What Happens to Women Who Are Denied Abortions?
Joshua Lang | New York Times
June 12, 2013
This reports on the Turnaway Study [described below], but as is typical with a piece in the popular press it personifies the data. Here’s the gist of the article:
Most studies on the effects of abortion compare women who have abortions with those who choose to carry their pregnancies to term. It is like comparing people who are divorced with people who stay married, instead of people who get the divorce they want with the people who don’t. Foster saw this as a fundamental flaw. By choosing the right comparison groups — women who obtain abortions just before the gestational deadline versus women who miss that deadline and are turned away — Foster hoped to paint a more accurate picture. Do the physical, psychological and socioeconomic outcomes for these two groups of women differ? Which is safer for them, abortion or childbirth? Which causes more depression and anxiety? “I tried to measure all the ways in which I thought having a baby might make you worse off,” Foster says, “and the ways in which having a baby might make you better off, and the same with having an abortion.
The Turnaway Study
ANSRH | University of California, San Francisco
The Turnaway Study is ANSIRH’s prospective longitudinal study examining the effects of unintended pregnancy on women’s lives. The major aim of the study is to describe the mental health, physical health, and socioeconomic consequences of receiving an abortion compared to carrying an unwanted pregnancy to term. From 2008 to 2010, we collaborated with 30 abortion facilities around the country—from Maine to Washington, Texas to Minnesota—to recruit over 1,000 women who sought abortions, some who received abortions because they presented for care under the gestational limit of the clinic and some who were “turned away” and carried to term because they were past the gestational limit.
Below is a compilation of posts about family formation and childbearing. The last piece is less on marriage and childbearing and instead focuses on the “mom penalty” in academia.
How to Live in a World Where Marriage Is in Decline
Philip Cohen | The Atlantic
June 4, 2013
This piece examines trends in marriage over time in the US and discusses the policy implications of this to the “marriage movement” promoters.
Rising Trend of Births Outside Marriage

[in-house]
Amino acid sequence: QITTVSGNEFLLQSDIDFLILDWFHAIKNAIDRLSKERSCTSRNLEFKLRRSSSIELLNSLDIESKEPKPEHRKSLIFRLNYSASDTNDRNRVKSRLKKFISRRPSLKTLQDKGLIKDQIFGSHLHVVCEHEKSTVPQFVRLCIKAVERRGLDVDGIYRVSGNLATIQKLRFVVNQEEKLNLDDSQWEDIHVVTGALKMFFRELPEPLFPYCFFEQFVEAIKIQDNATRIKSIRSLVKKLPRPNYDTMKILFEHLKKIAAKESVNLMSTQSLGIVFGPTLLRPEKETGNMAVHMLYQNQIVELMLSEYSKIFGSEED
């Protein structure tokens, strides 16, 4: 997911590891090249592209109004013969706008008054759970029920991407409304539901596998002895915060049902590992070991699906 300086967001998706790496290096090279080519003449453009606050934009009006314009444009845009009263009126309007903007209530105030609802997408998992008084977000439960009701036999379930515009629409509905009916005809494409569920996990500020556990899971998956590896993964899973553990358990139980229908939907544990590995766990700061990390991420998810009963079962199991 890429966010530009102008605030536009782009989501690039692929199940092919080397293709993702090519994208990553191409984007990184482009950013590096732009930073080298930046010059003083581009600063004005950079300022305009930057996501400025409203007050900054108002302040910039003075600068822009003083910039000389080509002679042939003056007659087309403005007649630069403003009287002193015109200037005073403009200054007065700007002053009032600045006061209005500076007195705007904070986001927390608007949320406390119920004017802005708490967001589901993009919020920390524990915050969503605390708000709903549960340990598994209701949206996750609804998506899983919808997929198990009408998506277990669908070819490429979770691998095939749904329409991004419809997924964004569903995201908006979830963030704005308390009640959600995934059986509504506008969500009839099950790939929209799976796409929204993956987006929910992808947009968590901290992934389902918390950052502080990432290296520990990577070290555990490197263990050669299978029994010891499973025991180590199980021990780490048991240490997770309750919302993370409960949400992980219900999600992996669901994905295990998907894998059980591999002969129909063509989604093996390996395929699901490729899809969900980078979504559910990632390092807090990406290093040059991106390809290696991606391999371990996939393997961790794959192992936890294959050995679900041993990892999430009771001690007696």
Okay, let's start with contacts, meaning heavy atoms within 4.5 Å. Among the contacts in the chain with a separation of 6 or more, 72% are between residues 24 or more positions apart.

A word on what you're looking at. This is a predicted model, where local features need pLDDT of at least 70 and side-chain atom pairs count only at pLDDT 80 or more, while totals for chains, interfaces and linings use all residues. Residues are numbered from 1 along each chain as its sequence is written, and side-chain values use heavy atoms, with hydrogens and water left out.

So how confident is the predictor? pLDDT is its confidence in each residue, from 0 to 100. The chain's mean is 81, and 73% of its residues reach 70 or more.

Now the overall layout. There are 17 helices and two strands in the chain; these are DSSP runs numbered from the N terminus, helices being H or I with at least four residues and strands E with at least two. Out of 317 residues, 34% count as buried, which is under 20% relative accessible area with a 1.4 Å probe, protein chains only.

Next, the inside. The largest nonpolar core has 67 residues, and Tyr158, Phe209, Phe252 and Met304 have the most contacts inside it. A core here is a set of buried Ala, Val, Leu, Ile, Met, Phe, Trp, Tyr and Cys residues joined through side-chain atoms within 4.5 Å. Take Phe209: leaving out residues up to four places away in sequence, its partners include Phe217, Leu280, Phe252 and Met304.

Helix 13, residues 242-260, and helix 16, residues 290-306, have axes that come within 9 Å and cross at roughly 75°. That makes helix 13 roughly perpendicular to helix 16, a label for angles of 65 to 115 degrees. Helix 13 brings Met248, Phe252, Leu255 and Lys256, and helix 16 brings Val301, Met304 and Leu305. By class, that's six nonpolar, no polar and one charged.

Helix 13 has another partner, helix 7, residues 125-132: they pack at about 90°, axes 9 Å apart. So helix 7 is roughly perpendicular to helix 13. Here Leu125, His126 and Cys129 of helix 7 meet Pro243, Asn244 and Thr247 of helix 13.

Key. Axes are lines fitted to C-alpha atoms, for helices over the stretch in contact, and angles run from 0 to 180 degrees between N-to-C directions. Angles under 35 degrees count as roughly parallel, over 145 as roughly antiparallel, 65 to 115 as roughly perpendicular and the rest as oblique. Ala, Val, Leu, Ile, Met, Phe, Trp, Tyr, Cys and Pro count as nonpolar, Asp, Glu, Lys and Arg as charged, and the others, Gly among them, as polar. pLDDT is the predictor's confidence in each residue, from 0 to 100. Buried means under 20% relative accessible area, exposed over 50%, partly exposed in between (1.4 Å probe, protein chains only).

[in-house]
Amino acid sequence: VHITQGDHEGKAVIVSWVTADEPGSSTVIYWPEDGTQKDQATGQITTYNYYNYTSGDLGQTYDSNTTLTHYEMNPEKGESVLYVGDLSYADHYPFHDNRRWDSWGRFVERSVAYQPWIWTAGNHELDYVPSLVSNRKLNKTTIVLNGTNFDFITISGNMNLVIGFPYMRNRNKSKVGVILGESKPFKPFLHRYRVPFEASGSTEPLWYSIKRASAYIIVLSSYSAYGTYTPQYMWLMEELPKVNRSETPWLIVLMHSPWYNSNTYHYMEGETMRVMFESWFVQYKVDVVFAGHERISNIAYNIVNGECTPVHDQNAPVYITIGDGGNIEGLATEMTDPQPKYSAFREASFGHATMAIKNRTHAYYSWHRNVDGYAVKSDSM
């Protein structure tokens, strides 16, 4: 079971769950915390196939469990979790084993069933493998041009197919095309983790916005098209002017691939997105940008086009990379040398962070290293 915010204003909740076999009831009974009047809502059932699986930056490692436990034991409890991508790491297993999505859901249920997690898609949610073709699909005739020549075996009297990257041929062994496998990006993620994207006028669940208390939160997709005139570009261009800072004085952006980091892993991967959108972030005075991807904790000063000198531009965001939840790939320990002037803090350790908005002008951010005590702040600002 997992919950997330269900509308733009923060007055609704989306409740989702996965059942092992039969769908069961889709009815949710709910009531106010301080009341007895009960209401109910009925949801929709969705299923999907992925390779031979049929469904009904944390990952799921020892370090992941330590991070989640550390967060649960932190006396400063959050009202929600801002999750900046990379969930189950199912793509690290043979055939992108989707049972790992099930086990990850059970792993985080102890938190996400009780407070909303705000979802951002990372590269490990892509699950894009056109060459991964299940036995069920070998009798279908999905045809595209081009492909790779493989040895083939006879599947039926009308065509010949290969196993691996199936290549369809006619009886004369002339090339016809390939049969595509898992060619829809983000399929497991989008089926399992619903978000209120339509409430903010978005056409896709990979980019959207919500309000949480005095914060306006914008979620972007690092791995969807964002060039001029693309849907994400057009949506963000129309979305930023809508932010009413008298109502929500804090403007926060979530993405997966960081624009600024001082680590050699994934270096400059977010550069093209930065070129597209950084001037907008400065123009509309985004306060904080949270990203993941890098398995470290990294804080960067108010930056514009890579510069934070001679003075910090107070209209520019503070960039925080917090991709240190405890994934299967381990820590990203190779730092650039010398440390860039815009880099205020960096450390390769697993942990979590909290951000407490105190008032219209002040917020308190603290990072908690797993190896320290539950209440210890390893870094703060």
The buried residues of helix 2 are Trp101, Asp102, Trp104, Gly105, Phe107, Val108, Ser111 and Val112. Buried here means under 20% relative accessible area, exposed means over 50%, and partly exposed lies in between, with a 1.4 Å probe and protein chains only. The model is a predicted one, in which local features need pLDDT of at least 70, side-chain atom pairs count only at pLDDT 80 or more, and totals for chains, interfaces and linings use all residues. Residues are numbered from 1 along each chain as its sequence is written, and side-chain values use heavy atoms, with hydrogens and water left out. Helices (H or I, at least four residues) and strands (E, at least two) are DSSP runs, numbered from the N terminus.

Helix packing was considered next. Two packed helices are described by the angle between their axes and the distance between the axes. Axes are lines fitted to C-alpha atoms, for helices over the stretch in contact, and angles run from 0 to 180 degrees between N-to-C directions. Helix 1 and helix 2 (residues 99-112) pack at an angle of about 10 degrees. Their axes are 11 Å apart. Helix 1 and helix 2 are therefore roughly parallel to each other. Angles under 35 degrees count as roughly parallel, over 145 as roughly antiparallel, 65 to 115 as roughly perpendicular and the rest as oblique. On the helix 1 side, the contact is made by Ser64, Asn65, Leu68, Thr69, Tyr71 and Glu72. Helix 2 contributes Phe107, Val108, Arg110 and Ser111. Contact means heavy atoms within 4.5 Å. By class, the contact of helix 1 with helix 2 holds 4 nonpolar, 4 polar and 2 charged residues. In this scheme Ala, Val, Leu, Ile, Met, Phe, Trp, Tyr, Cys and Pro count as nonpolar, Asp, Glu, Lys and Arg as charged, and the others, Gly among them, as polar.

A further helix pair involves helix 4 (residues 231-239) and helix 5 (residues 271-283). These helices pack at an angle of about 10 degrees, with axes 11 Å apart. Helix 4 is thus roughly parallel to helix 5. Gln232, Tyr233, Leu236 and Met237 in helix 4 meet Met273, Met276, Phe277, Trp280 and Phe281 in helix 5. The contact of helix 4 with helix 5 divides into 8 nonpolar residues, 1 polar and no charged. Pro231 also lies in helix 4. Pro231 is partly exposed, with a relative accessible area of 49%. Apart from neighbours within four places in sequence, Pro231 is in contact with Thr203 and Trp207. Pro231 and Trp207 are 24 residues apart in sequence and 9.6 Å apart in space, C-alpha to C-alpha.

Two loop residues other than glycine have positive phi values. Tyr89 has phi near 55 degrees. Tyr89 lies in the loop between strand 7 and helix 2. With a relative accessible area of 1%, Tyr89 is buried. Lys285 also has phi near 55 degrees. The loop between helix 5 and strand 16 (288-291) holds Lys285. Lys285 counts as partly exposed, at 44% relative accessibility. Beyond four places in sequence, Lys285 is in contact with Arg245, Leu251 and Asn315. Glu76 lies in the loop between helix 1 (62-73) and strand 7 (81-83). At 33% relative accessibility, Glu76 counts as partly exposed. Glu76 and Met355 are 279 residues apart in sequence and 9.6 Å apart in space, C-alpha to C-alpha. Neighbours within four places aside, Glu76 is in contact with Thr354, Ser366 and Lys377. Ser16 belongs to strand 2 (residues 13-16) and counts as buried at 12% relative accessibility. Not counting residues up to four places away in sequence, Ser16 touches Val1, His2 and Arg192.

Carl Haub | Population Reference Bureau
This short piece examines international trends and concludes “What we can say for certain is that this new household structure is quite unlikely to revert to times past.”
Autumn of the Patriarchs: Traditional demographic patterns are changing astonishingly fast
June 1, 2013
This is another international piece, based on statistics from Latin America. It shows trends in fertility rates and childlessness. And it is based on research by our old friend Ron Lesthaeghe and colleagues.
Marriage: More than a Century of Change
Julissa Cruz | National Center for Marriage and Family Research
This is a very nice resource based on data from the US Census, American Community Survey, and the Vital Statistics system. It shows trends in marriage rates for women from 1890 to 2010.
Recent Trends in Births and Fertility Rates Through December 2012
Brady Hamilton and Paul Sutton | CDC
The recent decline in fertility rates may have reached bottom.
Births Rise as Parents-to-Be Renew Confidence in Economy
Stephanie Armour | Bloomberg News
June 6, 2013
Based on the CDC report, U.S. birth-rate increase a sign of growing confidence in the economy
The Mom Penalty
Colleen Flaherty | Inside Higher Education
June 6, 2013
Do babies matter to academic careers? (Spoiler alert: for moms, “yes.”) based on Do Babies Matter? Gender and Family in the Ivory Tower
This is an update to a May 17th post on challenges to the American Community Survey’s mandatory response status via a House Bill [H.R. 931] introduced by Ted Poe, (R, TX):
Imagining a Census Survey Without a Mandate
Carl Bialik | Wall Street Journal (Blog post)
June 5, 2013
This piece mentions to former ISR researchers: Leslie Kish’s role in the move away from a decennial census to the ACS and Bob Groves’ on the currency of the ACS data. However, it mostly focuses on the statistical issues, which a voluntary ACS would introduce.
Census Gets Questions on Mandatory Queries
Carl Bialik | Wall Street Journal
March 30, 2012
Old article, but the issues are the same.
The Census’s 21st-Century Challenges
Carl Bialik | Wall Street Journal (Blog)
July 30, 2010
This piece talks about Canada’s foray into a voluntary census, which we’ve also covered. A good source for quotes about response bias.